Key Legislature: Wizards 111 at Knicks 108 — Wiz Reap What They Sow in the Garden | Wizards Blog Truth About It.net

Key Legislature: Wizards 111 at Knicks 108 — Wiz Reap What They Sow in the Garden

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Updated: February 10, 2016

TAI’s Key Legislature… The game’s defining moment, its critical event, the wildest basketball thing you ever saw, or just stuff that happened. Wizards at Knicks, Regular Season Game 50, Feb. 9, 2016, by Troy Haliburton (@TroyHalibur).

On Tuesday night, Washington’s pro basketball team took on a team that was reeling through this fading 2015-16 NBA season at a much more alarming rate than even the Wizards. The New York Knickerbockers are coming off their worst seasons in their storied franchise history, and almost any positive result would have been cause for celebration among Knicks faithful. That calm embrace of slow progress changed, however, when Kristaps Porzingis began showing flashes of a young Dirk Nowitzki. Expectations changed, you see, and Phil Jackson decided not to waste another game developing his team under shaky tutelage—he canned head coach Derek Fisher.

Carrying all of that baggage into the game against the Wizards should have hindered the Knicks, and for the first half of Tuesday’s game it looked as though Fisher might have been the least of the franchise’s problems. For the Wizards, there was pace, there was space, and there were a whole lot of 3-pointers. The Wizards shot a blistering 16-for-26 from behind the arc (a season high in 3-point makes), doubling up on the Knicks (8-for-26) in makes, even though they had the same amount of attempts.

The key difference between the shooting numbers of these two teams is one dynamic point guard. John Wall finished the night with 17 assists (and just one turnover). Wall has an innate ability with precision to put the ball right in the shooting pocket of teammates so that when they catch the ball, they are already in an optimal position to lock and load and get a quick release. These extra milliseconds afforded by great passing can be the determining factor in a make-or-miss league.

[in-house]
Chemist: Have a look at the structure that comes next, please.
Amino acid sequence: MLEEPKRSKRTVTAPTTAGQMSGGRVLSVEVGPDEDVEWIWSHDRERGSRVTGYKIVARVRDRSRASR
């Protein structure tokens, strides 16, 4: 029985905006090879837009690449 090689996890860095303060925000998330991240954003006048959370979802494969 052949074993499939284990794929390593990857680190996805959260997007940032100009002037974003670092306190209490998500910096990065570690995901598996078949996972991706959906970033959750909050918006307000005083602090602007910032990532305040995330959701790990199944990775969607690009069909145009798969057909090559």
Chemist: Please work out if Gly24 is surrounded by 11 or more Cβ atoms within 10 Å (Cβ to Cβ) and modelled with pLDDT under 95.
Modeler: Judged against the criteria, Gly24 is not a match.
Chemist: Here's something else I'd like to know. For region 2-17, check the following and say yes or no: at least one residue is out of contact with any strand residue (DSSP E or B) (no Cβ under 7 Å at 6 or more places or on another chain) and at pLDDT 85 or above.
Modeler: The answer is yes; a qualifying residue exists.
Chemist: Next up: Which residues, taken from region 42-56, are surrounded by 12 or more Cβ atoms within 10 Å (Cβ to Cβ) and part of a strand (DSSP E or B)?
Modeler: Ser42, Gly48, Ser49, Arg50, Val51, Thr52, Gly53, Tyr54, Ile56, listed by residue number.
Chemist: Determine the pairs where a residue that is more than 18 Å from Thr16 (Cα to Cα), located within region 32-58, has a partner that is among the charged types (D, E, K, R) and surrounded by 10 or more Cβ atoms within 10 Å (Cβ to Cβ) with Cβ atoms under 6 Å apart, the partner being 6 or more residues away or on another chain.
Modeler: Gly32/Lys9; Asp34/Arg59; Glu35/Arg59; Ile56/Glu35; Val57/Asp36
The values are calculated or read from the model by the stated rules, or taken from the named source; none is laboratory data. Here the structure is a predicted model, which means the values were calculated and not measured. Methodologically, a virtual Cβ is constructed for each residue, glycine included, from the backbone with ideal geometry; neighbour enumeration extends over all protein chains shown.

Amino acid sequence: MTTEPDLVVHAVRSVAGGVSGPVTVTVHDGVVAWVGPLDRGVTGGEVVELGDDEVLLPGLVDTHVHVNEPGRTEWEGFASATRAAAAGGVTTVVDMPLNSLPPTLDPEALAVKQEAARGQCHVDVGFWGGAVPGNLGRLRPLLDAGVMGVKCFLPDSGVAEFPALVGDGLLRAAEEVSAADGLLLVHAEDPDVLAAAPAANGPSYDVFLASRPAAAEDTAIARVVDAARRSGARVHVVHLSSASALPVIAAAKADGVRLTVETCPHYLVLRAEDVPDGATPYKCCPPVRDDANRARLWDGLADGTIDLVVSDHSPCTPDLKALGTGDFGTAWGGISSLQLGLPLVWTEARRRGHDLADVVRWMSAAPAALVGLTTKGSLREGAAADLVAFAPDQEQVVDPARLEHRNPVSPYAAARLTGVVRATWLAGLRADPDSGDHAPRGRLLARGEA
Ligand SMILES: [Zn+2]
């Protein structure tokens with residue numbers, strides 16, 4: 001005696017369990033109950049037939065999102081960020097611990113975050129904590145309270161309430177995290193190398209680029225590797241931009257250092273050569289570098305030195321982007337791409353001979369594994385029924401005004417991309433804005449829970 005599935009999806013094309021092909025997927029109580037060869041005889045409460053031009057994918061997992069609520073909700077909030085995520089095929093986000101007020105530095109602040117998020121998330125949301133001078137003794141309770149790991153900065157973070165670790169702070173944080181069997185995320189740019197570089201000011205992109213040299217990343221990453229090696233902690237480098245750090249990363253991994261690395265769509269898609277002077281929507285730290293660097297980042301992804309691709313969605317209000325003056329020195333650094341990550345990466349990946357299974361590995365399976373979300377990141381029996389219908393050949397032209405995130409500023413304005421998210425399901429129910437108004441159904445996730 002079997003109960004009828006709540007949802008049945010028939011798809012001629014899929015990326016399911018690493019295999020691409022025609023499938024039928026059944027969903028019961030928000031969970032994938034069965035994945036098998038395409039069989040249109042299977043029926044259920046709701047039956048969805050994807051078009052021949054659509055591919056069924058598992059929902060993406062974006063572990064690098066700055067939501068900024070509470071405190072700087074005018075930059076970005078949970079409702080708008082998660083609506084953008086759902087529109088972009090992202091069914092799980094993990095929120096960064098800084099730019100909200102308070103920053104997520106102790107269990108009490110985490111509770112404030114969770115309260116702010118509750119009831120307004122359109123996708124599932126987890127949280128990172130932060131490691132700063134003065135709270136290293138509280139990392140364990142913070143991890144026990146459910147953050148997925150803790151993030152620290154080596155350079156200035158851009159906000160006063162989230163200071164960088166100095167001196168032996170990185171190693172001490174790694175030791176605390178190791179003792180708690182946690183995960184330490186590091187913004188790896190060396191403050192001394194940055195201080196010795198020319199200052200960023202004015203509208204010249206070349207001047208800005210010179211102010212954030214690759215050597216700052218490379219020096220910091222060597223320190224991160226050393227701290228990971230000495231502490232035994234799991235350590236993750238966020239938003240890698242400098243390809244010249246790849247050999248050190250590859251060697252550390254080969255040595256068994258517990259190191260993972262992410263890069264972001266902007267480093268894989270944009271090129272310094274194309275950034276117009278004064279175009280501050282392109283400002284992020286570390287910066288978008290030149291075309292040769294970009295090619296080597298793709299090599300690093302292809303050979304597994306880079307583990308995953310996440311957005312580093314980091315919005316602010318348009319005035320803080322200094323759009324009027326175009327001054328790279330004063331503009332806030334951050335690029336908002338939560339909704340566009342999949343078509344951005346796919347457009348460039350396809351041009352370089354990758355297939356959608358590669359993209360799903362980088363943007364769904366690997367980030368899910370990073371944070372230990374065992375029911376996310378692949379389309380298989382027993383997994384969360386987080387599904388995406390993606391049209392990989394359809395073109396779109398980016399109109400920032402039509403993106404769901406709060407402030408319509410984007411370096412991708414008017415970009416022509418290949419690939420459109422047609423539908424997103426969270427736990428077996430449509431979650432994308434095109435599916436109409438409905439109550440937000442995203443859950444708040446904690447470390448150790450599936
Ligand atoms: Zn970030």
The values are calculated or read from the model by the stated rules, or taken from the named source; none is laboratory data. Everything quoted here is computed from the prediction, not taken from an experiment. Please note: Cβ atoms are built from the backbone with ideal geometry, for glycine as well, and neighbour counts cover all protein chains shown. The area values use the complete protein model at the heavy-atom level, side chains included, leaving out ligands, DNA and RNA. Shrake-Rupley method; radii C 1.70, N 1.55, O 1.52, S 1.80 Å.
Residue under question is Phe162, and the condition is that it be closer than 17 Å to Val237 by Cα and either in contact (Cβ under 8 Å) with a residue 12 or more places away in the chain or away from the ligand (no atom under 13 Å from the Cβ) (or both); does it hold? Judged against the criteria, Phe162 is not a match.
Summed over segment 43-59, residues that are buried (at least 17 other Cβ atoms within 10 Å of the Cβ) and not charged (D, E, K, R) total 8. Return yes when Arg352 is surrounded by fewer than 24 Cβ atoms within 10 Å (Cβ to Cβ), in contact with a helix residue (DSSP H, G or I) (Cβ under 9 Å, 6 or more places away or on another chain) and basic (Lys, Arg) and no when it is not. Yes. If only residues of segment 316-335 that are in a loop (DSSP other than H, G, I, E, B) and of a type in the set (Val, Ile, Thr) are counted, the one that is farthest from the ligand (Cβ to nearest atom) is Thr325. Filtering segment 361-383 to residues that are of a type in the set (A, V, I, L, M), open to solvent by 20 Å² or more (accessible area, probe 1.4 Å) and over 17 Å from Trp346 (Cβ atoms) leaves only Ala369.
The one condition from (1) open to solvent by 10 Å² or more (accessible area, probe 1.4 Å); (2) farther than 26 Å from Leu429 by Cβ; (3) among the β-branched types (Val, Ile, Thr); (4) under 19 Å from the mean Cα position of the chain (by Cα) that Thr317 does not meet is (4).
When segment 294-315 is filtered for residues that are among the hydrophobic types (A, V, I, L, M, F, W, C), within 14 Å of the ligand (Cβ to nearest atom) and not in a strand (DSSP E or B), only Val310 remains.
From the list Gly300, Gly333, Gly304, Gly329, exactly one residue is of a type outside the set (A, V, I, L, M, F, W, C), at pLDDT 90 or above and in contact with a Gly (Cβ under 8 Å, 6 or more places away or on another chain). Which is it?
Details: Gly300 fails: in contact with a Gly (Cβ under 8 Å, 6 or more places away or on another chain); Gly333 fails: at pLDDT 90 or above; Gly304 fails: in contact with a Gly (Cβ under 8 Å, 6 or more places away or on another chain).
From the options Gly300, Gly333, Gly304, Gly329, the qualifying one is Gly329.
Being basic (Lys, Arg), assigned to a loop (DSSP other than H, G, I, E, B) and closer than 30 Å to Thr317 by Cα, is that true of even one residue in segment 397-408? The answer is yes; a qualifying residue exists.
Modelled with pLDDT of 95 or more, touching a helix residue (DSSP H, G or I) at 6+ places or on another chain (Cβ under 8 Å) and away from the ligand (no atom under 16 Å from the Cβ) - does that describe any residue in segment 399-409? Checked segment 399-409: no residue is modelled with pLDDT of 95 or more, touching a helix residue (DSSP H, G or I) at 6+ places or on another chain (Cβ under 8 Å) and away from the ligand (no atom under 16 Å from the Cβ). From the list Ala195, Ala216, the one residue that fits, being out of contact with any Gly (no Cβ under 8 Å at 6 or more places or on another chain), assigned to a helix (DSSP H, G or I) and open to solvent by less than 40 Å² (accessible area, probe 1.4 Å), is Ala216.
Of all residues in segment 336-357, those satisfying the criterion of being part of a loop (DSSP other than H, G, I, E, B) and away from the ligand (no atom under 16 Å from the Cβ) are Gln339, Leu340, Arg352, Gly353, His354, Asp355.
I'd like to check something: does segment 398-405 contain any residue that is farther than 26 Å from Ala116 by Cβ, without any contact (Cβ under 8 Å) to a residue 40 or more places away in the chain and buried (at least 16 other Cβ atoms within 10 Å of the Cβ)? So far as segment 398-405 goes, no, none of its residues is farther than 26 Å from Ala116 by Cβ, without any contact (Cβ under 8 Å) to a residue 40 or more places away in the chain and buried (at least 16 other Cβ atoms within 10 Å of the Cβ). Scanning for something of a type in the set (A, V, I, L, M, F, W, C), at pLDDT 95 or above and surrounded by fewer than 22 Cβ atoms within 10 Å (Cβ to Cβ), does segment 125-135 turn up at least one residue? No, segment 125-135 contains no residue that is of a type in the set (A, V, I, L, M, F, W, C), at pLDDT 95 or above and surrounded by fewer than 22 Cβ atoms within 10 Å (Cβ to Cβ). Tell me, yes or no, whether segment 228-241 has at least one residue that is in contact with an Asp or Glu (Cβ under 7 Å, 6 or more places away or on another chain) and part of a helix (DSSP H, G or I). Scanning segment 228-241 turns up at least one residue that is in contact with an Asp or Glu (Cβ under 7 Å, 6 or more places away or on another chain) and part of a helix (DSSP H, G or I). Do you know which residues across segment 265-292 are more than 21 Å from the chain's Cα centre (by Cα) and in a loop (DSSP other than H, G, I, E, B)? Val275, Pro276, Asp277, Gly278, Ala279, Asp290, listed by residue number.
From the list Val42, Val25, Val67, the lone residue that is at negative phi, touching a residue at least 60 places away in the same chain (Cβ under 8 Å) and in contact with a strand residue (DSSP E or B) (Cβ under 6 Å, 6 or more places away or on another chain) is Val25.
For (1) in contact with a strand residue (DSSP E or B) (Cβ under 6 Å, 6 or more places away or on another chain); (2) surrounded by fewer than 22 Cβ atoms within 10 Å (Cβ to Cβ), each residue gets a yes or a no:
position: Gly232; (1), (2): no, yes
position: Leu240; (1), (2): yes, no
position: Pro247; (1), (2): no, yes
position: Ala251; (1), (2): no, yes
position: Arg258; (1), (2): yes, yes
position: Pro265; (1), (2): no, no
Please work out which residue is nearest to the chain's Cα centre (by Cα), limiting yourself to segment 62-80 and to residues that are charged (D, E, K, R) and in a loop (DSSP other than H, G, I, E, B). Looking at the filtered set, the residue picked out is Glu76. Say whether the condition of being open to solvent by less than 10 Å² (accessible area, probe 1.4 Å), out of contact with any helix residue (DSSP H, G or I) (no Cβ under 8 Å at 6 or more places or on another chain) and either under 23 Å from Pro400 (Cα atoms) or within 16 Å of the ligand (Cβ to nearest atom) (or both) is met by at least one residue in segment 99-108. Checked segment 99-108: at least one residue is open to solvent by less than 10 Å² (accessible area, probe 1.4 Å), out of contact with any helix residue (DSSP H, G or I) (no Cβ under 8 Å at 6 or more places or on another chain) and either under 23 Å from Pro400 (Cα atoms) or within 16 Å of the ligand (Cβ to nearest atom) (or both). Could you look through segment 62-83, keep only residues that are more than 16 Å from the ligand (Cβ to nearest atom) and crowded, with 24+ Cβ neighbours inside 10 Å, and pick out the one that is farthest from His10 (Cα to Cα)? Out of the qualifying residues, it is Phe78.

As promising as the Wizards looked in the first half, however, they looked equally as disjointed in the second half, specifically the third quarter. The Knicks outscored the Wizards 33-20 in the period as some of Washington’s warts began to show.

While Jared Dudley is one hell of a role player, and might be one of the most tradeable assets in the entire NBA, his deficiencies as a starting 4 are easy to expose when there is a major talent (and height) discrepancy. Duds did a great job matching up with Kristaps Porzingis in the first half, but in the second half he was no match for the 7-foot-3 Latvian prodigy. Porzingis scored 14 of his 20 points in the third quarter, putting on a dazzling display of shooting touch and an array of moves around the basket. The Zinger’s play almost single-handily got New York back into the game, and Carmelo Anthony was intent on finishing the job that the rookie started. And he would have succeeded if it weren’t for a confident John Wall down the stretch.